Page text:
I am researching Michael O'Laughlen who was an a associate of John Wilkes Booth. He was born June 23rd 1840  in Baltimore MD. The O'Laughlans lived near to the Booths and was  a boyhood friend of Booth. O'Laughlen became an ornamental  plasterer also learning art engraving. At the beginning of the war he enlisted in the Confederate Army (I don't know which unit at present). Following his discharge in June 1862, he returned to Baltimore and began working for his brother who had a feed business. By Autumn 1864 he was travelling up and down to Washington DC were Booth had brought him into the conspiracy to kidnap Lincoln, which was to take place, on St. Patrick's Day as it happened. Following the failure of the kidnap  O'Laughlen returned to Baltimore(he would maintain that was the last time he saw Booth). However he was in Washington DC again the day prior to the assassination, it is an open question way he was in Washington. He surrendered  himself to the authorities on April 17th 1865. He was put on trial with the others, the government saying that he was to follow General Grant with the intention of killing him. The case was not proved but he had been involved in the earlier conspiracy and so was found guilty and got a life sentence. He was imprisoned at Fort Jefferson,  Dry Tortugas FL. along with three others including Dr. Mudd. In September 19th 1867 he contracted Yellow Fever which was raging in the prison, four days later he was dead. His body was returned  to Baltimore and his mother buried him in Green Mount Cemetery, were Booth is also buried. From the name and the fact the family lived in Baltimore I am interested if anyone can give me any info on the families origins.

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Very interesting. Best of luck with your research!

Michael O'Laughlen, born in Baltimore,  had an Irish surname, and was a childhood friend of Booth, . On the other side of the investigation, Lt. Edward P. Doherty, the only commissioned officer with the group who tracked down Booth at the Garrett farm and killed him was indeed an extreme Irish nationalist. Also, Doherty had been a company commander in  Corcoran's Irish Legion, the 155th NY, before returning to New York. and being recommissioned with the 16th New York cavalry. Doherty has the unusual distinction of having two grave sites: one in Arlington cemetery and one in county Sligo Actually Doherty was born in Canada East before moving to New York. But the one credential practically unknown to academic circles.is the fact that Doherty held a captain's commission in the Fenian Brotherhood. Lt. Alex Lovett of the VRC who arrested Dr. Mudd was wounded with the 69th Pa. in 1862 at the battle of Glendale and a prewar member of the Meagher Guards militia company. Lovett is buried in new Cathedral cemetery, a Catholic cemetery in Philly.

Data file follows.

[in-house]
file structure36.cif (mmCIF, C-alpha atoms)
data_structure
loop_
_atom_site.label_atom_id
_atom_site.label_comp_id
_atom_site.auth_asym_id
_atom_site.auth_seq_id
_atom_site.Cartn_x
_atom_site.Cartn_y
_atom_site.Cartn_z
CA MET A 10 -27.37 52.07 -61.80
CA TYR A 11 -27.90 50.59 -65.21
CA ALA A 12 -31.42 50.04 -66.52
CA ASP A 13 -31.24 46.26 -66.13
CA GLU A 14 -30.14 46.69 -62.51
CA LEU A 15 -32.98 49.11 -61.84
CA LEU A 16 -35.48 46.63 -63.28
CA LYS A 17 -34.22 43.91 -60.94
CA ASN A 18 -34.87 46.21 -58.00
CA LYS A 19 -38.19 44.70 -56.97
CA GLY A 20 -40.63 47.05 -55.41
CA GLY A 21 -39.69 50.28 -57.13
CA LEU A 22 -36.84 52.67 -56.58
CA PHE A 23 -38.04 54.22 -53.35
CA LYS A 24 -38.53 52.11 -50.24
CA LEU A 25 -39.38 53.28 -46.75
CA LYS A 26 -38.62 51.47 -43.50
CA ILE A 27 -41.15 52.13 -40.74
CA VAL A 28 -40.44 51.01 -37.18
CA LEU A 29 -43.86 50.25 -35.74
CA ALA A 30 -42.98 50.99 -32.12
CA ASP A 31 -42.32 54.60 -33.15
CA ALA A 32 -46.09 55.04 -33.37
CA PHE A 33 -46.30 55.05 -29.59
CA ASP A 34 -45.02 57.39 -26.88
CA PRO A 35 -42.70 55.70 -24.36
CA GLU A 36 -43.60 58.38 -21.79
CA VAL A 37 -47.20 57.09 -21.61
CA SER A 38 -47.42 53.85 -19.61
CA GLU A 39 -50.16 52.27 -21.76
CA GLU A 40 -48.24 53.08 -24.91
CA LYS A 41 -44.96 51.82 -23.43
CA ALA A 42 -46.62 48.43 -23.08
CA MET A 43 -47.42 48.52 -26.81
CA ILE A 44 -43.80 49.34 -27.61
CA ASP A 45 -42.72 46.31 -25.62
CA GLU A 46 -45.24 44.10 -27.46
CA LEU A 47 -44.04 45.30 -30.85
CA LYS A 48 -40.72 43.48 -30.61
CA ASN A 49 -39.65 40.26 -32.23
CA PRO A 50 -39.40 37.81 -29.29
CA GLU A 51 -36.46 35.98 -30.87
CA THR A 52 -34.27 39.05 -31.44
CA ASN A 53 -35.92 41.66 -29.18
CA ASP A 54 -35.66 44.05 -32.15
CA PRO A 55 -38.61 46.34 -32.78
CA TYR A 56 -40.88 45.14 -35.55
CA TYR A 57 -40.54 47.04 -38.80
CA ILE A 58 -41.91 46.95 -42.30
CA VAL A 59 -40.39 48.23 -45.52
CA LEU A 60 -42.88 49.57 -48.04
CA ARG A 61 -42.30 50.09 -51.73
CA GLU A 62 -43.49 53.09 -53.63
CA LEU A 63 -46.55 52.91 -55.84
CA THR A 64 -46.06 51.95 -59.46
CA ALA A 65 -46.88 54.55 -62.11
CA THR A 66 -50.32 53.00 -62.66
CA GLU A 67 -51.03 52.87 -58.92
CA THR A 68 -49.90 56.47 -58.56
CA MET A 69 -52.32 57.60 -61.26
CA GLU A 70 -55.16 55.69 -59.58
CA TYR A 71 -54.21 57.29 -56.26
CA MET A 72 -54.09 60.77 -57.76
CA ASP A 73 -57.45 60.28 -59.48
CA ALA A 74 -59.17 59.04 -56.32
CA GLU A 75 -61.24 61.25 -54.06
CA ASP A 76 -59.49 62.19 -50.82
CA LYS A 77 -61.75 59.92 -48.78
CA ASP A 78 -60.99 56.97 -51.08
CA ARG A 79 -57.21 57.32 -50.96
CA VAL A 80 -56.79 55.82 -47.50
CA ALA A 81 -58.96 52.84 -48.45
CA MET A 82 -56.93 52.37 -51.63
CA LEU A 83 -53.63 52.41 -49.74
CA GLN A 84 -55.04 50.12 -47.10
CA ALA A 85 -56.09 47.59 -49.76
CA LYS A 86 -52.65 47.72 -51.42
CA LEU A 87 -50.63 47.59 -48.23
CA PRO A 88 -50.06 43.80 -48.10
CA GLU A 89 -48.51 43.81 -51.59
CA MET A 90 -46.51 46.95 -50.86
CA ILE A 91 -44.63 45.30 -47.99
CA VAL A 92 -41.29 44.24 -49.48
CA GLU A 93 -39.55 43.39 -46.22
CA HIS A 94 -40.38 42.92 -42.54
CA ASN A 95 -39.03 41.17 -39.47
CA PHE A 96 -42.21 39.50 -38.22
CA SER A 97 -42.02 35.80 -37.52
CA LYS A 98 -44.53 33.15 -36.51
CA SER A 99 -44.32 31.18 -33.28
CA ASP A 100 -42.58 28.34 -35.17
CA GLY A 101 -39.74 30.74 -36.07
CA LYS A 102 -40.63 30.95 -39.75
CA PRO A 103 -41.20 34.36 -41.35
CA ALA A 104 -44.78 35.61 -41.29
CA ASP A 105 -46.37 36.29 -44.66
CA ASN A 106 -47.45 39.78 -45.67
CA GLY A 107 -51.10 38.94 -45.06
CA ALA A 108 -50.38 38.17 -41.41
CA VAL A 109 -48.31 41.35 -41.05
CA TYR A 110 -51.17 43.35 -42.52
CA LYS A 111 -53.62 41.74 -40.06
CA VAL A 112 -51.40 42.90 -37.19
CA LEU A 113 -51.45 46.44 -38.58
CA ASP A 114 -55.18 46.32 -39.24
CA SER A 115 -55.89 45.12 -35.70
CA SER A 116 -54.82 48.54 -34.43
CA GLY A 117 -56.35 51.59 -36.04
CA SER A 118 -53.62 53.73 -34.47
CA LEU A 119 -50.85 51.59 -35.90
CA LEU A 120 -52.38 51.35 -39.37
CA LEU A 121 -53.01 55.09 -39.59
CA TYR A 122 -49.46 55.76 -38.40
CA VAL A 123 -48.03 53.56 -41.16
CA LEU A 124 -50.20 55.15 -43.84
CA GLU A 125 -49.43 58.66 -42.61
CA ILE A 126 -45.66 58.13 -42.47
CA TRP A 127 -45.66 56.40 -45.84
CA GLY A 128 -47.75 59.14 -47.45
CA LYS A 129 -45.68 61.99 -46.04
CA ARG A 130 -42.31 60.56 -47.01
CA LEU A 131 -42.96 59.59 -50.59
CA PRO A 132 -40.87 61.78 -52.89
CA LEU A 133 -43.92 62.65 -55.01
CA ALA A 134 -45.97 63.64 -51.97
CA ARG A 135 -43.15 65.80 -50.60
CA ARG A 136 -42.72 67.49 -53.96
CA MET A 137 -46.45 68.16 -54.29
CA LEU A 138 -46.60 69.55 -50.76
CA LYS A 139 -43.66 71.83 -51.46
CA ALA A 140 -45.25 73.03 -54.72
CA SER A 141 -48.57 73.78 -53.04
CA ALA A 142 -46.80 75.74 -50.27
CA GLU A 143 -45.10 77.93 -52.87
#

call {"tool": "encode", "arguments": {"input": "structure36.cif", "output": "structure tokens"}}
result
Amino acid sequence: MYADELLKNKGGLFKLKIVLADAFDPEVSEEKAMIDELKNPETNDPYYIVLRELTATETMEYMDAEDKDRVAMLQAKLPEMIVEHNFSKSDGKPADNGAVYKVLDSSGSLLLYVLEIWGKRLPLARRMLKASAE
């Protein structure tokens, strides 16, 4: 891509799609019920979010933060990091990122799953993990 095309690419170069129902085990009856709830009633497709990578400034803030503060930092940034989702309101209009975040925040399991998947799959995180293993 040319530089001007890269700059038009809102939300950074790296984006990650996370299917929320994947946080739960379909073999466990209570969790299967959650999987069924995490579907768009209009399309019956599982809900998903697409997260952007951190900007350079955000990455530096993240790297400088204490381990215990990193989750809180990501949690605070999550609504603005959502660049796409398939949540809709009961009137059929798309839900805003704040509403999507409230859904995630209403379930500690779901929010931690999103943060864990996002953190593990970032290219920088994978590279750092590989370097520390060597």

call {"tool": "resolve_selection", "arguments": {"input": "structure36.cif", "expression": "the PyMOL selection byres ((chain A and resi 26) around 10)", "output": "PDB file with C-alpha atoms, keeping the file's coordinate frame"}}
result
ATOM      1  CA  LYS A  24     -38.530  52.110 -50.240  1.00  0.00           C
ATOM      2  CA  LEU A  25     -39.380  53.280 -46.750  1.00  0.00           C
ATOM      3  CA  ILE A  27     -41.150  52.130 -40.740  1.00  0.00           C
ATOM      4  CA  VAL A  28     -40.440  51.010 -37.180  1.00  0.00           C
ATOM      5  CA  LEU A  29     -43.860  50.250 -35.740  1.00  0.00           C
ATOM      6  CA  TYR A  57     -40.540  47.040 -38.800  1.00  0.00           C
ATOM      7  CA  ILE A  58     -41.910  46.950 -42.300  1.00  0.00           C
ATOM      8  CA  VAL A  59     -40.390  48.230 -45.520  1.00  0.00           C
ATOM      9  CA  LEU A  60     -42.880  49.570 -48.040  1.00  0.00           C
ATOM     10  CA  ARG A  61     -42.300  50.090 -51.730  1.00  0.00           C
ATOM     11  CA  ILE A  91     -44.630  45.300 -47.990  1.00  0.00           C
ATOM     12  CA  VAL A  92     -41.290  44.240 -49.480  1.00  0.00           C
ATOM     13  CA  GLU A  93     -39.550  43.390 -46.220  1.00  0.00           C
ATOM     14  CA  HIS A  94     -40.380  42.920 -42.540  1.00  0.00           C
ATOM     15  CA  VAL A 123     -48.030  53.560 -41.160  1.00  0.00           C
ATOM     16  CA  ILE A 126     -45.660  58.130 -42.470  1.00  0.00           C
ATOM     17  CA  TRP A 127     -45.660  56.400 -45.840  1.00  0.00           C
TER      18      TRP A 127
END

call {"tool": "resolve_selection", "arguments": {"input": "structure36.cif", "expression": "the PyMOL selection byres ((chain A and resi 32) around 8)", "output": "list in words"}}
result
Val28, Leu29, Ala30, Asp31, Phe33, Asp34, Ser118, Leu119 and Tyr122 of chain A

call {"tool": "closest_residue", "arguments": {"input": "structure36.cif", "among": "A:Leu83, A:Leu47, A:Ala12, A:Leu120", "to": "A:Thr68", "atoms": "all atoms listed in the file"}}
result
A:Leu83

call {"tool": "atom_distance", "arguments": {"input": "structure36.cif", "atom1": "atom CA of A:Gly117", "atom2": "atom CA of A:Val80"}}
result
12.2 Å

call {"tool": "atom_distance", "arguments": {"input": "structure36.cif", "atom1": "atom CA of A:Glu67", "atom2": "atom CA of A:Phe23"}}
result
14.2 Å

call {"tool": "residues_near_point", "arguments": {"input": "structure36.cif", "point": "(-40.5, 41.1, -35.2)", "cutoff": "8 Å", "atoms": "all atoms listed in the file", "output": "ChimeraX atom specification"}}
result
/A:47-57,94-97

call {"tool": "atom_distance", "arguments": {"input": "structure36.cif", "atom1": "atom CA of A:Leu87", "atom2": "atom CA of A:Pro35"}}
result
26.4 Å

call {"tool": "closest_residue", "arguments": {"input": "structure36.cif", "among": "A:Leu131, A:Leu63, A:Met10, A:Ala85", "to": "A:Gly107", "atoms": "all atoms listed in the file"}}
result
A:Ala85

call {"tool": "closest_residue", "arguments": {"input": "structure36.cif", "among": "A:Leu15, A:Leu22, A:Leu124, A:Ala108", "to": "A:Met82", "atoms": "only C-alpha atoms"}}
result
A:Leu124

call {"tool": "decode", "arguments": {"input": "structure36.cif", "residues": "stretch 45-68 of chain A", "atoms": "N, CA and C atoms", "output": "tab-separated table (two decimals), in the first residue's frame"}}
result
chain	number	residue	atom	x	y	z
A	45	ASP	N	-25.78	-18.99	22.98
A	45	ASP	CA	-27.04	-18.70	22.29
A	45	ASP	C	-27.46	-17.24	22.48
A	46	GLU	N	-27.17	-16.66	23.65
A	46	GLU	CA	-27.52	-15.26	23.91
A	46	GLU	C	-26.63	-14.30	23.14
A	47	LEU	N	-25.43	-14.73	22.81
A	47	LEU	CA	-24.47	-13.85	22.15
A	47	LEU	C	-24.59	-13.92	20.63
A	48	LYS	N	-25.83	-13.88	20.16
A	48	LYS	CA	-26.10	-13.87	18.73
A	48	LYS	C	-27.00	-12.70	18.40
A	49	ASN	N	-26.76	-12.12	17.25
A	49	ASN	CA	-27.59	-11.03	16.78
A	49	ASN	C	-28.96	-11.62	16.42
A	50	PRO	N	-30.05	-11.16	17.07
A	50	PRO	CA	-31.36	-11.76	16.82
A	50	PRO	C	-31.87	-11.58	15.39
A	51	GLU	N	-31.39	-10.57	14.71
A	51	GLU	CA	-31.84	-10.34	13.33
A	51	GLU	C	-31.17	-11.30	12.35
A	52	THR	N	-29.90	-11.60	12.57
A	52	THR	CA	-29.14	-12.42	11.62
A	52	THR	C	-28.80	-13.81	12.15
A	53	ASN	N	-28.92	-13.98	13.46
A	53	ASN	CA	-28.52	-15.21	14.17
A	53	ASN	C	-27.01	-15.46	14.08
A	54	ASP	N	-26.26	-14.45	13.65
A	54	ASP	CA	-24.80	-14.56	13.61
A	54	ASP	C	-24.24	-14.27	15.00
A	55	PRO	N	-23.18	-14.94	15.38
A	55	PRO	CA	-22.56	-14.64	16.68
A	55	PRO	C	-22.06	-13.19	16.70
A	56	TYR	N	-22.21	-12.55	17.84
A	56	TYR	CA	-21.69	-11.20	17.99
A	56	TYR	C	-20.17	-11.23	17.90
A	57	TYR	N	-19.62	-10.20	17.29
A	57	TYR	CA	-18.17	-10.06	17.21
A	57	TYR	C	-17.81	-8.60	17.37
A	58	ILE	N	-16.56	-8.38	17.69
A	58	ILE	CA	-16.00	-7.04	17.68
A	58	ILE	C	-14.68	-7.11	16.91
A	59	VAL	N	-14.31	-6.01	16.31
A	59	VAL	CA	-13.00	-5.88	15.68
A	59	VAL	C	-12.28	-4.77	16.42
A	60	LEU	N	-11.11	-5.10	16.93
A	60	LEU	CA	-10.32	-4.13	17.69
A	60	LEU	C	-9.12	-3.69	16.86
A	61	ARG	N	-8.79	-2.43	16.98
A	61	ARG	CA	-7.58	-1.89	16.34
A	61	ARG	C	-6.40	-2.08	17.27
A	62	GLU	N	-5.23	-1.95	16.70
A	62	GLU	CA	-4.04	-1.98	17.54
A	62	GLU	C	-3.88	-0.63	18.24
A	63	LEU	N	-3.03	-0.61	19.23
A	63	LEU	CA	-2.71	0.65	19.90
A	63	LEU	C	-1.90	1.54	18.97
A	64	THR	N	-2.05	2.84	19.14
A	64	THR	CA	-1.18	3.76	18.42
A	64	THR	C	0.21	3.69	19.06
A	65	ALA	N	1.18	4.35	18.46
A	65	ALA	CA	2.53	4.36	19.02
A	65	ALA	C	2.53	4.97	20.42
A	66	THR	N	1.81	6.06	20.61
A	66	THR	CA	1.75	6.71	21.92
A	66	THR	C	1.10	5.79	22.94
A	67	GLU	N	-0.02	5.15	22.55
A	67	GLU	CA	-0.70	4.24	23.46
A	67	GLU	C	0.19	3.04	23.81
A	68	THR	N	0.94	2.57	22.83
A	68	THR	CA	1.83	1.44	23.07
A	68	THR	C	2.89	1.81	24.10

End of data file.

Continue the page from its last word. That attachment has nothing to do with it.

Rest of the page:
Cameron, I searched the Civil War database online and here were no "O'Laughlens" listed. It seems that on most documents referencing him though, it's spelled "O'Laughlin." In searching the more common "i" spelling I found this:

Michael "O'Laughlin: Residence was not listed; Enlisted as a Private (date unknown). He also had service in: "D" Co. MD 1st Infantry.

The only unit it gives is the 1st MD even though it says he "also served" in it. I found a discussion online by people who collect signatures, discussing the signatures of Lincoln conspirators that discusses the O'Lauglen / O'Laughlin spelling. On page 6 of the discussion they mention several interesting things. One is the spelling differences, also a mention of him being in the 1st MD, and one of them says a he had signed a "oath of allegiance" on June 16, 1863. They also mention another of the conspirators, Sam Arnold, serving in the 1st MD with him, and there are actually two Sam Arnold's listed for that regiment.

This book on the Lincoln assassination listed O'Laughlin (again with an "i") and Arnold as serving in the 1st MD.

http://books.google.com/books?id=GvYpUeuPPrAC&pg=PA353&lpg=...

You must remember many CSA records were lost...all databases are not complete. To get the best records you would need to go to the National Archives in D. C. and you would need to know the regiment!

Thanks for the replies but what I was really trying to find, if there was any information on the family. Where in Ireland they  came from etc.

Sorry, I'm a Union Irish man....Have you checked MacSlaght's The Surnames of Ireland. Also I would check the 1865 Baltimore city directory....for relatives

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